AT ROTARY. Senior cheerleaders and Coach Susan Renfrow spoke at the Feb. 19 Nashville Rotary Club meeting. The group includes Abby Herzog, Avery Kesterson, Jayla Jacques, Jana Copeland, Jennifer Gamble, Kathleen Lance, Emily Herzog and Coach Susan Renfrow.
By John R. Schirmer
Senior members of the Scrapper cheerleader squad told about their state championship season at the Feb. 19 meeting of the Nashville Rotary Club.
Nashville won the Class 4A state title in Hot Springs. Coach Susan Renfrow and her seven seniors told Rotarians about cheering and the state finals.
“I’m losing nearly half of the [15-member] squad next year,” Renfrow said. “They’re great girls.”
Renfrow introduced each senior and talked briefly about her contribution to the cheerleaders.
Jayla Jacques “cracks the whip in the cheer room. She gets things done,” Renfrow said.
Avery Kesterson “is our media girl. She did the video” of cheer highlights which the girls showed Rotarians.
Twins Emily and Abby Herzog bring different talents to the squad. “Emily is our flier. She’s up for anything. Abby is very structured; she overthinks everything. She’s a base, and she can also fly.”
Jennifer Gamble “Is good with facts. She has any stats we need. She knows leading scorers. She loves sports,” Renfrow said.”
Jana Copeland “takes care of media. She’s our publicist. She’s also our choreographer,” Renfrow said.
Kathleen Lance “is the boss if I can’t be there. She makes sure everything is done.”
The seniors “had a lot of responsibilities that we as spectators take for granted. I hope we get more to take their place,” Renfrow said.
While the seniors cheered from junior high on through high school, “Junior high and high school are two different things. There’s the physical part that improves a ton from junior high to senior high. We don’t send junior high to sell ads. High school goes to the businesses and gets the information back to me” for the football program, Renfrow said.
Unlike other sports, cheerleaders have one shot at winning. “You get two and a half minutes to show you’re the best” during competition, according to Renfrow.
Nashville cheerleaders are selected by out-of-town judges during tryouts, Renfrow said. “I don’t pick the squad. There’s a misconception of rich girls, smart girls, popularity contest. These girls take it very seriously.”
Each senior talked about different aspects of cheerleading.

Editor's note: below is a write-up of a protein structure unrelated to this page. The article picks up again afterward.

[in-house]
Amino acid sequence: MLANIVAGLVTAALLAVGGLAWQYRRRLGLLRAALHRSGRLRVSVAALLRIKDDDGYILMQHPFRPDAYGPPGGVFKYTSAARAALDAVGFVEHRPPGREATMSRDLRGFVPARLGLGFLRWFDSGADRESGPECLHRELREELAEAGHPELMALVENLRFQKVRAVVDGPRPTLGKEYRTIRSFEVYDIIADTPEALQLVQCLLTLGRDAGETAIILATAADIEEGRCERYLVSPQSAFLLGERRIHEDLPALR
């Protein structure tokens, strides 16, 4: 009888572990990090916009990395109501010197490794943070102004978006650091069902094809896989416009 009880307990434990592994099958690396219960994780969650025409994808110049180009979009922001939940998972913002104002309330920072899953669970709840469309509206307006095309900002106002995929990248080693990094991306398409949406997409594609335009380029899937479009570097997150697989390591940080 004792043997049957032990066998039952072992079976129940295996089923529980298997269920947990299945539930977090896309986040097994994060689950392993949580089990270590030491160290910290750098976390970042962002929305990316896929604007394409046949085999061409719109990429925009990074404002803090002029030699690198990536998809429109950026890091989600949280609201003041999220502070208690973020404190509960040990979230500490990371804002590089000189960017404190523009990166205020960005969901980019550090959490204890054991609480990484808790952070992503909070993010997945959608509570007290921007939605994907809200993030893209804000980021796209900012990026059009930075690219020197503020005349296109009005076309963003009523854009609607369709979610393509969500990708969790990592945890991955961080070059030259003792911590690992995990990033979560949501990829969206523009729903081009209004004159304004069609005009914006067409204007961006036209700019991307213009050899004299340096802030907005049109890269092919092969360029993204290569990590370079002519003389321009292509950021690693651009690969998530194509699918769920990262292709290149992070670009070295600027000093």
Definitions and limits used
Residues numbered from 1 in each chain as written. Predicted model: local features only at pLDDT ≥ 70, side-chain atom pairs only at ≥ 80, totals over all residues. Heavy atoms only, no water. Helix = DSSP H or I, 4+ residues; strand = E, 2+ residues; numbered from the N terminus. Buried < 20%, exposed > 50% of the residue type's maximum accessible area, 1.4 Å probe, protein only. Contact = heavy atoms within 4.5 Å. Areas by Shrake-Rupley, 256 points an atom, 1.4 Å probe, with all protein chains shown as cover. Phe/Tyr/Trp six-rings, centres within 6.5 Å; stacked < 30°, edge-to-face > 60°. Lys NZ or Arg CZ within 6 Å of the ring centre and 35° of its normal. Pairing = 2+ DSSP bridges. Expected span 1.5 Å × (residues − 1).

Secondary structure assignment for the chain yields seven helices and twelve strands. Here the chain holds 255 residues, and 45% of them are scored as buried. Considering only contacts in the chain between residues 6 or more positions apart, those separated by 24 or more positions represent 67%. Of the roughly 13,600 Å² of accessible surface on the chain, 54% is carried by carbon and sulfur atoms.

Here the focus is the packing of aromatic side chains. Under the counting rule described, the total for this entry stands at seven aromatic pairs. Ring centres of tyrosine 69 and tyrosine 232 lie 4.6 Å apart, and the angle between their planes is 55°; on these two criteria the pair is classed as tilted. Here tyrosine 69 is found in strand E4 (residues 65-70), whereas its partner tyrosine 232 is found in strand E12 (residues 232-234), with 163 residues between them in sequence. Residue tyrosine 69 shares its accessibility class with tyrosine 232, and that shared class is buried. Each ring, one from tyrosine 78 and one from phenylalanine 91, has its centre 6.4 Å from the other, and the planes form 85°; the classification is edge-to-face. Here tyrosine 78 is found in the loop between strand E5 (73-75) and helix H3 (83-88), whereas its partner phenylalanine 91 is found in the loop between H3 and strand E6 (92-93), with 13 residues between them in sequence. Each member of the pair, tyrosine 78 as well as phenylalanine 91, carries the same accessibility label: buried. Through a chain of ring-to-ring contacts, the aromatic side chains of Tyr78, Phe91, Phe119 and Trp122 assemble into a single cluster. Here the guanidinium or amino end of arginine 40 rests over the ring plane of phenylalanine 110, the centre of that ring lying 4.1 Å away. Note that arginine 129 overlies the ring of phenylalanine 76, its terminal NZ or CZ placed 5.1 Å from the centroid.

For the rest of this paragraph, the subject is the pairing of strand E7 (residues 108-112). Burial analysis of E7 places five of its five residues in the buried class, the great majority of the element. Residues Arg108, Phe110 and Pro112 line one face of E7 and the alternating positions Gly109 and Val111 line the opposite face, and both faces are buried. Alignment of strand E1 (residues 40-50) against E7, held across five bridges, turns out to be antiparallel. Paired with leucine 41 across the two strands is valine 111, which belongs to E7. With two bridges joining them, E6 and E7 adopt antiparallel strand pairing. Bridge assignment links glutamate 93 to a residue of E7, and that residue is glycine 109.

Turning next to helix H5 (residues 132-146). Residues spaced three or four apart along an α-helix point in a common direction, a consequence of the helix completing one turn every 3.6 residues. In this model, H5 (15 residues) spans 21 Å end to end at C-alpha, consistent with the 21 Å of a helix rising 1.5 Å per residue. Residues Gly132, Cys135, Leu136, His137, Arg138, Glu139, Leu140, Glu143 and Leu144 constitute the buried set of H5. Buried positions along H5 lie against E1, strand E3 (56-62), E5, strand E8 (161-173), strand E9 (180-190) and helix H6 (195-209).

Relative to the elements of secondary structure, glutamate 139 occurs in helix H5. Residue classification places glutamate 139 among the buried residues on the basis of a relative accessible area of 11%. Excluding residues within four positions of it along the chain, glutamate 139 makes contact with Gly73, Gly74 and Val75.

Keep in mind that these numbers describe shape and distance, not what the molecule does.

“There’s not as much pressure in junior high. It’s different in the way the community looks at you in high school. There’s more responsibility. You have bigger crowds. Competition is more serious when the prize is a state championship,” Kesterson said.
Tryouts can be stressful, Lance said. “Some girls are excited. Some say it’s the worst day of their lives. We practice every day before tryouts. You have to make a creative judge by yourself. You practice your smile. There’s a lot of running around trying to get ready, then it starts.”
Seniors are responsible for teaching a cheer to the girls who are trying out. Other performances are also a part of tryouts, Lance said. When tryouts are completed, the girls leave the Scrapper Dome and Athletic Director James “Bunch” Nichols announces the results on KMTB Radio. “It’s kind of a melancholy time. For the seniors, it’s the end of our career. It’s sad for the girls who don’t make it,” Lance said.
After tryouts, the new squad and parents meet with Renfrow. “She tells us cheerleaders should be responsible, honorable, respectable. We’re in public a lot. It’s more than just leading the crowd in cheers,” Emily Herzog said. “We’re leaders in the community. I work hard in and out of school. People know me because I cheer. So many little girls come up and hug me. We all try to give them the best example we can.”
The squad has two fund-raisers, including football program ad sales and the annual cheer clinic.
Last fall, 108 girls attended the clinic. “It means a lot to me,” Jacques said. “It’s one of the best memories I have from being a little girl. I knew then that I wanted to be a cheerleader. You see yourself out there when the little girls come to the clinic. We want to build a foundation for their dreams like I did.”
Copeland told about competition. “You’re behind a curtain before you go out on the mat to perform. It’s nerve racking. It’s the most terrifying but most amazing feeling in the world.”
Once the performance was over, the girls awaited the results. “We were sitting on a mat,” Gamble said, “and they called out Valley View, then us. We broke the trophy and put it back together. We wanted the trophy for Mrs. Renfrow more than for us.”
Abby Herzog said the girls gain a great deal from cheering. “There’s school and community service. We become more confident. We want to be a good role model and a good example. We have to manage our time between cheering and school. We’ve all benefitted and gained so much.”
Lance, Kesterson and Emily Herzog were named All-Star cheerleaders, Renfrow said. They will cheer at the Arkansas All-Star football game June 27 at the University of Central Arkansas. Abby Herzog received All-State honors.
Renfrow was named head coach of the West All-Star cheerleaders.
In business items considered by Rotarians, the organization made plans for its upcoming pancake dinner. Officers were elected for the new year.
NHS junior Jackson Beavert told the club that he wants to start an Interact chapter at high school. Interact is Rotary’s program for high school students. “I moved here from Pleasant Grove at Texarkana. We had an awesome Interact chapter there. It would be good to start here,” he said.